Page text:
Advice for Public Information Officers

Bruce Garner offered some helpful tips for PIO’s on Firehouse.com. Here’s some of his key advice:

Establishing a Rapport with the Media

Whether you’re a part-time or full-time PIO, it’s a good idea to get to know your local news media. If you’ve been interviewed by a network personality like the Today Show’s Matt Lauer, good for you, but you’re not going to be dealing with him on a regular basis. In general, you will be dealing with local reporters, photographers, assignment editors, producers and news directors.

To do your job effectively, it’s helpful to know reporters by name. This could involve personally visiting the newsrooms and introducing yourself, or hosting an informal get-together at your place. Introduce them to your fire chief and other chief officers and give them a short tour. The whole idea is to get acquainted, because the better you know each other on the front end, the better you can deal with them when it’s “show time.”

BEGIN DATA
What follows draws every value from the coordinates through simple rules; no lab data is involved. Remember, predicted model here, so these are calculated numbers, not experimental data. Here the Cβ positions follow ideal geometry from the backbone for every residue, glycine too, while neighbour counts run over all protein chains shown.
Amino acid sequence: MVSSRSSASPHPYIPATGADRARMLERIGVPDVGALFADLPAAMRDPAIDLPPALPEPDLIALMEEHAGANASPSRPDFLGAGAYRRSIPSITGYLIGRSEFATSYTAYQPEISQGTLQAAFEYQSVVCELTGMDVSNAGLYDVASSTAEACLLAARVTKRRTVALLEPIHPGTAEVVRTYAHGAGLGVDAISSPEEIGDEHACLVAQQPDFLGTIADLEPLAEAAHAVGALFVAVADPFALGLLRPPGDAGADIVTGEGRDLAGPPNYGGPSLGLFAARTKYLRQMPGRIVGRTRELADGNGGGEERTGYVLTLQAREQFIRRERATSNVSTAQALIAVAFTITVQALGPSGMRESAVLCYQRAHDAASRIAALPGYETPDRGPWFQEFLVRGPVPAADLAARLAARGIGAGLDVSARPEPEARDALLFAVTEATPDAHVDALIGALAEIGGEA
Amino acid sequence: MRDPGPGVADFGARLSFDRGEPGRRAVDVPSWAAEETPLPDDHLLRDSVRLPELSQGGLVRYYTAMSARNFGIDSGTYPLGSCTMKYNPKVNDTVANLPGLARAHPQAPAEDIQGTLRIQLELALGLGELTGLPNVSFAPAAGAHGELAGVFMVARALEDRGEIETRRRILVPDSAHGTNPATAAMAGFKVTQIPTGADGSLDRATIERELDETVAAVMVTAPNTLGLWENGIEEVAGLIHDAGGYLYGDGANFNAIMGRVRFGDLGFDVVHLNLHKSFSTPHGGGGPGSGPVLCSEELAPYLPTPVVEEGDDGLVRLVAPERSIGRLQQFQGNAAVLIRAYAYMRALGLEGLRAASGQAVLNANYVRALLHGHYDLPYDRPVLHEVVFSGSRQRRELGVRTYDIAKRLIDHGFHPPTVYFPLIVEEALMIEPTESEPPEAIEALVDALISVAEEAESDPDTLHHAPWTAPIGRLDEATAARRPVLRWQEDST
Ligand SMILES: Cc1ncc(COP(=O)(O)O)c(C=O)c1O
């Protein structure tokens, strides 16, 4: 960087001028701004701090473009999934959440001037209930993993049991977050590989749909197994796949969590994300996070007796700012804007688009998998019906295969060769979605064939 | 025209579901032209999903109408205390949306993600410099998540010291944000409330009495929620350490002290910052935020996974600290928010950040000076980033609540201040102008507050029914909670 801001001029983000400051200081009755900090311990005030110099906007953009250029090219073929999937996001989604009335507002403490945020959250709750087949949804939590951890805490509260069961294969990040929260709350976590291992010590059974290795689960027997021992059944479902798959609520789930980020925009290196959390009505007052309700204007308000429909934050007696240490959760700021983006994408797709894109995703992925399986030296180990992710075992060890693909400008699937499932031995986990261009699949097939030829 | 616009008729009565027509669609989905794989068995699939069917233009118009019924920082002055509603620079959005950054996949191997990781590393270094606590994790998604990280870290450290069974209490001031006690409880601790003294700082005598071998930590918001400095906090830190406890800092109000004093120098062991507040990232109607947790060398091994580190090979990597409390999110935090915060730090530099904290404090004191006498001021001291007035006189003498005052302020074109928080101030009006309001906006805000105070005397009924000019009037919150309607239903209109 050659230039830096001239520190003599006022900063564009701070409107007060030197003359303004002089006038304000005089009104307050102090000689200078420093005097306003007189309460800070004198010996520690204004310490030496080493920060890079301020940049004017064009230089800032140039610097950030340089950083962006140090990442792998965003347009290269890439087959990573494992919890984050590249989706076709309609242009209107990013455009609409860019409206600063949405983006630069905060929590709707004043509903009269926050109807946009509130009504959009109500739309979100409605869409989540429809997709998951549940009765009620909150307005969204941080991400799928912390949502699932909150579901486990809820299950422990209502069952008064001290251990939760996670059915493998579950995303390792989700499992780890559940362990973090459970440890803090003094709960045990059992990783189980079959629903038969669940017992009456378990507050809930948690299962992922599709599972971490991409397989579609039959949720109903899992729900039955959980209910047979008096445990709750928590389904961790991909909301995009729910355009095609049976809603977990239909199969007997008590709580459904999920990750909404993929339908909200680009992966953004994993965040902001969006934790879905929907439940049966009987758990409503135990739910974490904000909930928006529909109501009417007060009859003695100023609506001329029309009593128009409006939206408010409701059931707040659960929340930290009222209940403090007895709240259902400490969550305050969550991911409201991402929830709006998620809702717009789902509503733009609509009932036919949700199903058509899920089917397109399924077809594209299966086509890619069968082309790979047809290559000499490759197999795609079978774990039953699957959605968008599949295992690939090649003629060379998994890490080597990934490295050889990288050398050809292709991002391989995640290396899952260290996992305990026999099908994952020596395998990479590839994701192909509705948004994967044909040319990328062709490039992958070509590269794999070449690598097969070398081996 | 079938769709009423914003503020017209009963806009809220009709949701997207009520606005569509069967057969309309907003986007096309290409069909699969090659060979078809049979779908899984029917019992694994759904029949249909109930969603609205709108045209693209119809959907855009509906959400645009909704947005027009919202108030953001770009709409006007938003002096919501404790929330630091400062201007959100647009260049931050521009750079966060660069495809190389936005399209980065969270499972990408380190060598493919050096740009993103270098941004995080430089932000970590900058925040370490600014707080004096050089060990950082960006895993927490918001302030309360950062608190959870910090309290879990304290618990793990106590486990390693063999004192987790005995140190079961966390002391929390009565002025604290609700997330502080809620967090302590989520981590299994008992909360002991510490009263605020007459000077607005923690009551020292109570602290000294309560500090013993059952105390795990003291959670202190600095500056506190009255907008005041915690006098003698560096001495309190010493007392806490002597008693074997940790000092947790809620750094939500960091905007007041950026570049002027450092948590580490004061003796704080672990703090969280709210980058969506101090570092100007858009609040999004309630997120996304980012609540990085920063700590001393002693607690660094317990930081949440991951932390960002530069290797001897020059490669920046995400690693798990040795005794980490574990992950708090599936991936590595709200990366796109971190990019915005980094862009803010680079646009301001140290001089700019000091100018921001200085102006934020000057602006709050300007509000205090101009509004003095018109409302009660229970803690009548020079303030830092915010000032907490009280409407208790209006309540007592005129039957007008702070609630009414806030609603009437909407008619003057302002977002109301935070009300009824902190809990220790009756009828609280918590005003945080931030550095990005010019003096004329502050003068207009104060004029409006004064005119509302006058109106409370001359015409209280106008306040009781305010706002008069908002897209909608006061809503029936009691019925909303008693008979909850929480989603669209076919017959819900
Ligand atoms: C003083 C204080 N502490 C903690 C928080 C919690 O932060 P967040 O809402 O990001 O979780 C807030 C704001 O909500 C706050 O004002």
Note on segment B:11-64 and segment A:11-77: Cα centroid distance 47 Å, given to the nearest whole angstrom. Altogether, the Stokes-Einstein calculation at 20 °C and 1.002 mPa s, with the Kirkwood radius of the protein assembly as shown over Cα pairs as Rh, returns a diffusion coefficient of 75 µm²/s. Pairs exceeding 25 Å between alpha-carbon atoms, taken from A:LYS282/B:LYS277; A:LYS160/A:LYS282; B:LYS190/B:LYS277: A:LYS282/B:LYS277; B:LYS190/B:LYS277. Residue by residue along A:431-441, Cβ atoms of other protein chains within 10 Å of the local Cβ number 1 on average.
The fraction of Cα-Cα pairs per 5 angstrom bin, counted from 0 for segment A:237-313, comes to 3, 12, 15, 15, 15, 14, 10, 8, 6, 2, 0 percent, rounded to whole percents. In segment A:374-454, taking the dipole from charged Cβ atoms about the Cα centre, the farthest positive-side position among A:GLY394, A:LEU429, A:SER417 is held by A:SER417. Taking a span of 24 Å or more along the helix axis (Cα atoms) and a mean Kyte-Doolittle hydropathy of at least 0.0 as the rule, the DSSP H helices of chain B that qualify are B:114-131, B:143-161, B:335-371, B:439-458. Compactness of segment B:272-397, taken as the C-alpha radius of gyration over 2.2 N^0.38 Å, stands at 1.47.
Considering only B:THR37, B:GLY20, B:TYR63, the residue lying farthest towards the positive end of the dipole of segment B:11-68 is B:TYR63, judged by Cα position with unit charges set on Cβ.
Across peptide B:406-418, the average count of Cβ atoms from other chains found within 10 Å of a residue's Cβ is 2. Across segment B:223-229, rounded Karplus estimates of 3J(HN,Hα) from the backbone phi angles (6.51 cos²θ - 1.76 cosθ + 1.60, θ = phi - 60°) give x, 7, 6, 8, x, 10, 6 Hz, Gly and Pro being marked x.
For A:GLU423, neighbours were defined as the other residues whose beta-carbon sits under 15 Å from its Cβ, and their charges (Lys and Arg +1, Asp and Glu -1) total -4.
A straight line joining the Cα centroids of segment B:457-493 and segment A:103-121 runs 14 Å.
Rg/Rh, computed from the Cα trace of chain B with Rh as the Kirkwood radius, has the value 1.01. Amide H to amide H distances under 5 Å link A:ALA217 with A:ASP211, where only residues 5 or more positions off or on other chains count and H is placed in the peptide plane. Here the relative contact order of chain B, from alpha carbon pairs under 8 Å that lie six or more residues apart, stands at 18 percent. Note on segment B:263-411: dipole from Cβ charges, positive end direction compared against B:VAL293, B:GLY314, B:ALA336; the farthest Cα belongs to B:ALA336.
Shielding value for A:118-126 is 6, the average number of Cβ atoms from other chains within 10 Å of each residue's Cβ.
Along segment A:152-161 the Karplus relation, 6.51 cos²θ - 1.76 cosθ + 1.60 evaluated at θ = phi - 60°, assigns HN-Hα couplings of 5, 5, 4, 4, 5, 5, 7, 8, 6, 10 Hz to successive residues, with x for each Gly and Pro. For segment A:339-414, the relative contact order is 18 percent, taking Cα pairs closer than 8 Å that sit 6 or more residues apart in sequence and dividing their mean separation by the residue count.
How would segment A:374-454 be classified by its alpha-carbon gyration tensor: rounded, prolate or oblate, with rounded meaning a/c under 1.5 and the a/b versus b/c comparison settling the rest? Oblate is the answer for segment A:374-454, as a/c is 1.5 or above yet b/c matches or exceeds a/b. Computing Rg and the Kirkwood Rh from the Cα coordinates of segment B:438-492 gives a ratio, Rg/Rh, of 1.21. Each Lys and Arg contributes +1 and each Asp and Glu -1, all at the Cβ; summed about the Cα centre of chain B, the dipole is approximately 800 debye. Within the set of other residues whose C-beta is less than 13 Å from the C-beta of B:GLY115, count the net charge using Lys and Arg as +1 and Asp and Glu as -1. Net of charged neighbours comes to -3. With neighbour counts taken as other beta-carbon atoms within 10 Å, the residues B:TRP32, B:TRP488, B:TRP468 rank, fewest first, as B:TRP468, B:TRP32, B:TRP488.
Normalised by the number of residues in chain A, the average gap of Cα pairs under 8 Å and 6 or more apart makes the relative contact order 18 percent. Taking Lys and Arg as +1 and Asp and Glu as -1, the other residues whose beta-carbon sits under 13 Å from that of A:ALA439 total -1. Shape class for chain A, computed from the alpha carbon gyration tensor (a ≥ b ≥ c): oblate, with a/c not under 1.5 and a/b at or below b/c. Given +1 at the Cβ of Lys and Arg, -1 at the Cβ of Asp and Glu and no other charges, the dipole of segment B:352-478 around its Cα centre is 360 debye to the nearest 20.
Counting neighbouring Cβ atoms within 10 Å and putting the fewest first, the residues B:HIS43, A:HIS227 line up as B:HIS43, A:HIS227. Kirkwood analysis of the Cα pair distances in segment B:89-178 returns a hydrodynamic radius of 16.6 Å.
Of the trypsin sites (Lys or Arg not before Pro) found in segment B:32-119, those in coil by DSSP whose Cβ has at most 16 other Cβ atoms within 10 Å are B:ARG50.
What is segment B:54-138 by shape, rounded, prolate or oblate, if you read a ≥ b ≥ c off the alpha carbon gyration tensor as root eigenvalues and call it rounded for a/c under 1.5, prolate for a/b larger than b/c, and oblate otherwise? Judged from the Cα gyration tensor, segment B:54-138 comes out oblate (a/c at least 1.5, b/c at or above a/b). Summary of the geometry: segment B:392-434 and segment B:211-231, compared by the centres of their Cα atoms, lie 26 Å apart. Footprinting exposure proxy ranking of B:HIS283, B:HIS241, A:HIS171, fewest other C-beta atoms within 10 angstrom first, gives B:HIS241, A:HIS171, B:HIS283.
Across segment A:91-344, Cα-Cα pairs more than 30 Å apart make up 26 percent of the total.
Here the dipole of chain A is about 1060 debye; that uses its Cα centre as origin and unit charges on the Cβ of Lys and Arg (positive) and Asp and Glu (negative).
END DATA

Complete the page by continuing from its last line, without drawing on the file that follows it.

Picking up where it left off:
Working with the Media on Fire/Rescue Scenes

How you and your colleagues deal with reporters on fire/rescue scenes is critical. Your firefighters will most likely be busy. Your job is to keep reporters out of the way, and to facilitate their coverage. Physically escort the reporters to a safe spot where they can see the firefighters at work. It does not help you or your department to hide your efforts. Your firefighters are the proverbial good guys. Show them off whenever you can.

Occasionally, you will have reporters get a little too close to the action. They’re just trying to get a good shot, but safety isn’t always their primary concern. In that event, it’s okay to be polite but firm in directing them back to a safe area. On a large fire scene, you cannot guard the entire site. Scene tape works wonders for giving the media visible guidelines for boundaries and in my experience, few reporters feel comfortable crossing it. If the reporters are already in place before you arrive, try to go to them first or at least make eye contact with them so they know that you know they are there. This lets them know that they can expect to receive some information from you fairly soon.

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